In Shelby County, Alabama v. Holder, Attorney General, Et Al, Chief Justice John G. Roberts Jr., writing for the majority, indicated that the nation had made progress in rooting out racial discrimination in voting and that current laws should represent the current climate. "Our country has changed," Justice Roberts wrote. "While any racial discrimination in voting is too much, Congress must ensure that the legislation it passes to remedy that problem speaks to current conditions."
He did add that Congress was permitted to make attempts to impose federal oversight in states where voting rights were at risk, but must utilize contemporary data in doing so. Analysts agreed that it would be rather difficult for Congress to reach a consensus on where federal oversight would be necessary.
North Carolina was not the only state to be emboldened by the Supreme Court ruling. Shortly after the decision, Texas announced that its voter identification law, which had been blocked previously, would immediately take effect.
Meanwhile, Judge Schroeder's ruling may have guaranteed that these issues will be headed to the Supreme Court, since Judge Schroeder's decision is at odds with another major ruling on the issue that came out of the Frank v. Walker case.
Richard Hasen, law professor and voting rights expert at the University of California, wrote of the two cases in a Friday blog post:
[Judge Schroeder's] ruling is at odds with the other major ruling on the use of Section 2 in these vote denial cases, the Frank v. Walker case. That case was a voting rights plaintiffs lawyer’s dream, reading Section 2 of the VRA and the Constitution’s equal protection clause expansively to broadly protect voting rights....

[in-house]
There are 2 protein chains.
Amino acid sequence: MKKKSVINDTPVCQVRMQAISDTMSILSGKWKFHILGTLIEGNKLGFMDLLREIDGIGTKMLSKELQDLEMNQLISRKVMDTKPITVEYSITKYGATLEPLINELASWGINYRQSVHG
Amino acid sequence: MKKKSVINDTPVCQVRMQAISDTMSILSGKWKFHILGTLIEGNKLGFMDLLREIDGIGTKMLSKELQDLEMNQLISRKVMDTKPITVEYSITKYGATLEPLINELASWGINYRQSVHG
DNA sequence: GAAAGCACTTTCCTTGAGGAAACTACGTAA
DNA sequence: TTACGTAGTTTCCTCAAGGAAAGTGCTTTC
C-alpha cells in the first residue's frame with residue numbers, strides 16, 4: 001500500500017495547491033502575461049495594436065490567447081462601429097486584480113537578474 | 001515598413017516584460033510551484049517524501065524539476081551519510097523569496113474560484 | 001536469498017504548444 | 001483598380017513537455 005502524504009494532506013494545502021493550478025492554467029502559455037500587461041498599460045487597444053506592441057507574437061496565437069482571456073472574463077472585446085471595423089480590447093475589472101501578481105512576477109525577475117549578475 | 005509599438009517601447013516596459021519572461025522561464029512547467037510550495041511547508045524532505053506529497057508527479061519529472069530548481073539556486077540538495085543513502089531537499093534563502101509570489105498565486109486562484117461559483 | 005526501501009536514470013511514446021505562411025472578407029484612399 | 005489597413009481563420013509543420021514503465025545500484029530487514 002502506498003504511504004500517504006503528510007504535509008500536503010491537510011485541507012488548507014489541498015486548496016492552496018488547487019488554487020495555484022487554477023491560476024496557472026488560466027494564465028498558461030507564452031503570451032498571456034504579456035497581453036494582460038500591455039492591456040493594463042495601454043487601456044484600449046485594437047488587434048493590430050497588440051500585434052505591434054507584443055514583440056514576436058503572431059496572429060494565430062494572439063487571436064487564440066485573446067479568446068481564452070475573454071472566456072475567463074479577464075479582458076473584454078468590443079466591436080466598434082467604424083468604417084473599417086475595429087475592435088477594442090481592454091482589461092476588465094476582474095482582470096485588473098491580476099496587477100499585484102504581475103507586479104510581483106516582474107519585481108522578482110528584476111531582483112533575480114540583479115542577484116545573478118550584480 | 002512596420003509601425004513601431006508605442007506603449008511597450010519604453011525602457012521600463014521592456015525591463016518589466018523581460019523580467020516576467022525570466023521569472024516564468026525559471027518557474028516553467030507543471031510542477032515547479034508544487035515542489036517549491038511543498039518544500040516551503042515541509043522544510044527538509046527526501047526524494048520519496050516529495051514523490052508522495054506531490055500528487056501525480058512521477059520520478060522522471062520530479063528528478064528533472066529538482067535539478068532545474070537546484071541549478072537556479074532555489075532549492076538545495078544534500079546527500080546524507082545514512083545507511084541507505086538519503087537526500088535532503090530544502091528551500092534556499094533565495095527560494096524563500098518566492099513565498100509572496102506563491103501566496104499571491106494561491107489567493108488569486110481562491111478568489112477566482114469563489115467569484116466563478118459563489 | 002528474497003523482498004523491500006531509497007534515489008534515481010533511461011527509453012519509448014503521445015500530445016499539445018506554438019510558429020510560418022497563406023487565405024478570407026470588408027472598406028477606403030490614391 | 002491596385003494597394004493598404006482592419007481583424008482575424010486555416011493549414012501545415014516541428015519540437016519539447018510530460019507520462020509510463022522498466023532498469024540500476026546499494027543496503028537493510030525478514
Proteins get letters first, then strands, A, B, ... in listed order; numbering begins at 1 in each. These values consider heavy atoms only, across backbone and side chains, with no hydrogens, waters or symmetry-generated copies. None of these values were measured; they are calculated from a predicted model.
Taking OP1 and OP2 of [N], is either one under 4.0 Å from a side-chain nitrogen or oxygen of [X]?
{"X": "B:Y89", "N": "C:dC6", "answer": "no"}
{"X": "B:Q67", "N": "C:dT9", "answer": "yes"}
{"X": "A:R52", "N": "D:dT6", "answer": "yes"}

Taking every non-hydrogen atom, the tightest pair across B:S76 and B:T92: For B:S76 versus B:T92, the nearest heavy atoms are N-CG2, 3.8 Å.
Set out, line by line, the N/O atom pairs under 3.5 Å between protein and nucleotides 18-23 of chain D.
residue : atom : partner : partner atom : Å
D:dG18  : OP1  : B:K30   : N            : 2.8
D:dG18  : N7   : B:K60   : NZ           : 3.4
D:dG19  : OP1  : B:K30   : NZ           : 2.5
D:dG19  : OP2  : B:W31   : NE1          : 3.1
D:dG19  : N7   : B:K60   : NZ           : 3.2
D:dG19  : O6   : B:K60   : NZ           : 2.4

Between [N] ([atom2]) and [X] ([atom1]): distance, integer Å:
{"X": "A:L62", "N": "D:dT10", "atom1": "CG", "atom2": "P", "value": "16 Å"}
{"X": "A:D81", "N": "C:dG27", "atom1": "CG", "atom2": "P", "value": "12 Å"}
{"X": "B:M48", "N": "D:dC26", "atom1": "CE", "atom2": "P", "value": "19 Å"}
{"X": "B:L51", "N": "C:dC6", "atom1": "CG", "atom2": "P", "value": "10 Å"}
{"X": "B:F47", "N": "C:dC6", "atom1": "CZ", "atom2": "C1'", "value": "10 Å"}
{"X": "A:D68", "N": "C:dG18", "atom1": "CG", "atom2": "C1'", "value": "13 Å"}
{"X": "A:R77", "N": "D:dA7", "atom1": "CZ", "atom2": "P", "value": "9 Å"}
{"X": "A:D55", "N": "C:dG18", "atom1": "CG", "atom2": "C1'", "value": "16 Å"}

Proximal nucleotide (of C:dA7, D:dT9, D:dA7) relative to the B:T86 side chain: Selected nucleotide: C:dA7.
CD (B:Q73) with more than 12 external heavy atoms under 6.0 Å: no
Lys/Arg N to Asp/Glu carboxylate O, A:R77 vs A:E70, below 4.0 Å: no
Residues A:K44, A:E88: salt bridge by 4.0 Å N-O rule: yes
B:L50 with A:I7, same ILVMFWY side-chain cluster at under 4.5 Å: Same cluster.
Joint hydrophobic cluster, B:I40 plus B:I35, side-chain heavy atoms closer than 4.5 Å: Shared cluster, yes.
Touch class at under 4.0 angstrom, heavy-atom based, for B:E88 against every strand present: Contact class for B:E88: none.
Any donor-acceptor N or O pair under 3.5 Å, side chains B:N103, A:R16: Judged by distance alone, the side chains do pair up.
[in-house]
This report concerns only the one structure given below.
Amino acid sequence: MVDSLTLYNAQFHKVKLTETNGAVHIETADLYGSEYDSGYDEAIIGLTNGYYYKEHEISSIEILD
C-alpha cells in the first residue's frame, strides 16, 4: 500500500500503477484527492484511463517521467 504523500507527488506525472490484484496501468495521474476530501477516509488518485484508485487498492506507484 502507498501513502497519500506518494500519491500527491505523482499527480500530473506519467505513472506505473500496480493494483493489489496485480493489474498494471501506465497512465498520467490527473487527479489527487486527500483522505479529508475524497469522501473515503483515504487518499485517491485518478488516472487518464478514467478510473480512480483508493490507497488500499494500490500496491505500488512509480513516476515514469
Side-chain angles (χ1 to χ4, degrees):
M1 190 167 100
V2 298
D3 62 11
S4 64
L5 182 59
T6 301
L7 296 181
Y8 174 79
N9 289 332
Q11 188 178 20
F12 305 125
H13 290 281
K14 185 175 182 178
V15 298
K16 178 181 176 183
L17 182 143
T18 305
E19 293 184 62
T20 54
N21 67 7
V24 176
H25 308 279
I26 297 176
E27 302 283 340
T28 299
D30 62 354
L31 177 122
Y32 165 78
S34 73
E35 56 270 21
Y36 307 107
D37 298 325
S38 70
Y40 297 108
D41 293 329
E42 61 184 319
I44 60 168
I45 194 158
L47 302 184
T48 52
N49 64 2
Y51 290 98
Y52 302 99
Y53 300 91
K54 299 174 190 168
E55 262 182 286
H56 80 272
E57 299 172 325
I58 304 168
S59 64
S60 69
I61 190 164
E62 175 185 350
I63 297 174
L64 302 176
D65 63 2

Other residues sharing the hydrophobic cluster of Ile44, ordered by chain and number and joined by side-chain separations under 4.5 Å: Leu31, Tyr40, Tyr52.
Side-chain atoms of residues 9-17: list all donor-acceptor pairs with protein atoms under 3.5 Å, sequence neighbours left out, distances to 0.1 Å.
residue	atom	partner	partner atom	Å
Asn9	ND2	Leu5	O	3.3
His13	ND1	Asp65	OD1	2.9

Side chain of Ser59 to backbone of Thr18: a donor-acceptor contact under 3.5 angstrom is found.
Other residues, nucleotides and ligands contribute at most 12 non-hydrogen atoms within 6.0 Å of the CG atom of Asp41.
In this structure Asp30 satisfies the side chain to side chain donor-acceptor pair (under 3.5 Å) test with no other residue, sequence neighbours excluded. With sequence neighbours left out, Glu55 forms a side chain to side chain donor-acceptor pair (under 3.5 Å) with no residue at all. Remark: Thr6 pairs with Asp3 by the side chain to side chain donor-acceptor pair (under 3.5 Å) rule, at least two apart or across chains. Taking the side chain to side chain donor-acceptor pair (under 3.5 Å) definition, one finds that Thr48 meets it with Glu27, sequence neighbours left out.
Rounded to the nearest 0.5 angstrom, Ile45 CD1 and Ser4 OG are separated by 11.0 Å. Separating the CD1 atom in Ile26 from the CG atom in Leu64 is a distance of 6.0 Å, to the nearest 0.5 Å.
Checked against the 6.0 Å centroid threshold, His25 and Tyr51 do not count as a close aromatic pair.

Under the old Section 5 of the VRA, the question was one of "nonretrogression:" one compared the conditions for minority voters under an old law and a proposed new law. If the state could not demonstrate that the proposed new law did not make minority voters worse off, then the law could not be put into effect. Today, the judge in North Carolina said that section 2 did not include a similar nonretrogression standard. Thus, in deciding whether a cutback from 10 to 7 days of early voting violated Section 2 of the Act, the question was not whether 7 was worse than 10, but whether 7 days standing alone made it much harder for minority voters to participate in the political process on the same basis as other voters. The court held that there were still ample opportunities to vote under even the truncated dates, and especially in a midterm election where turnout is not expected to be a big problem. The court also seemed to require more proof of causation in the section 2 context than the Frank v. Walker court believed is necessary.
The Frank v. Walker ruling is currently on appeal in the Seventh Circuit, and Hasen contends that Judge Schroeder's decision may well be appealed to the Fourth Circuit. Hasen predicts that eventually one of the cases will make it to the Supreme Court, and that the Supreme Court "would be more attracted to the narrow reading of Section 2 offered in [Schroeder's] ruling compared to the broad ruling in Frank v. Walker.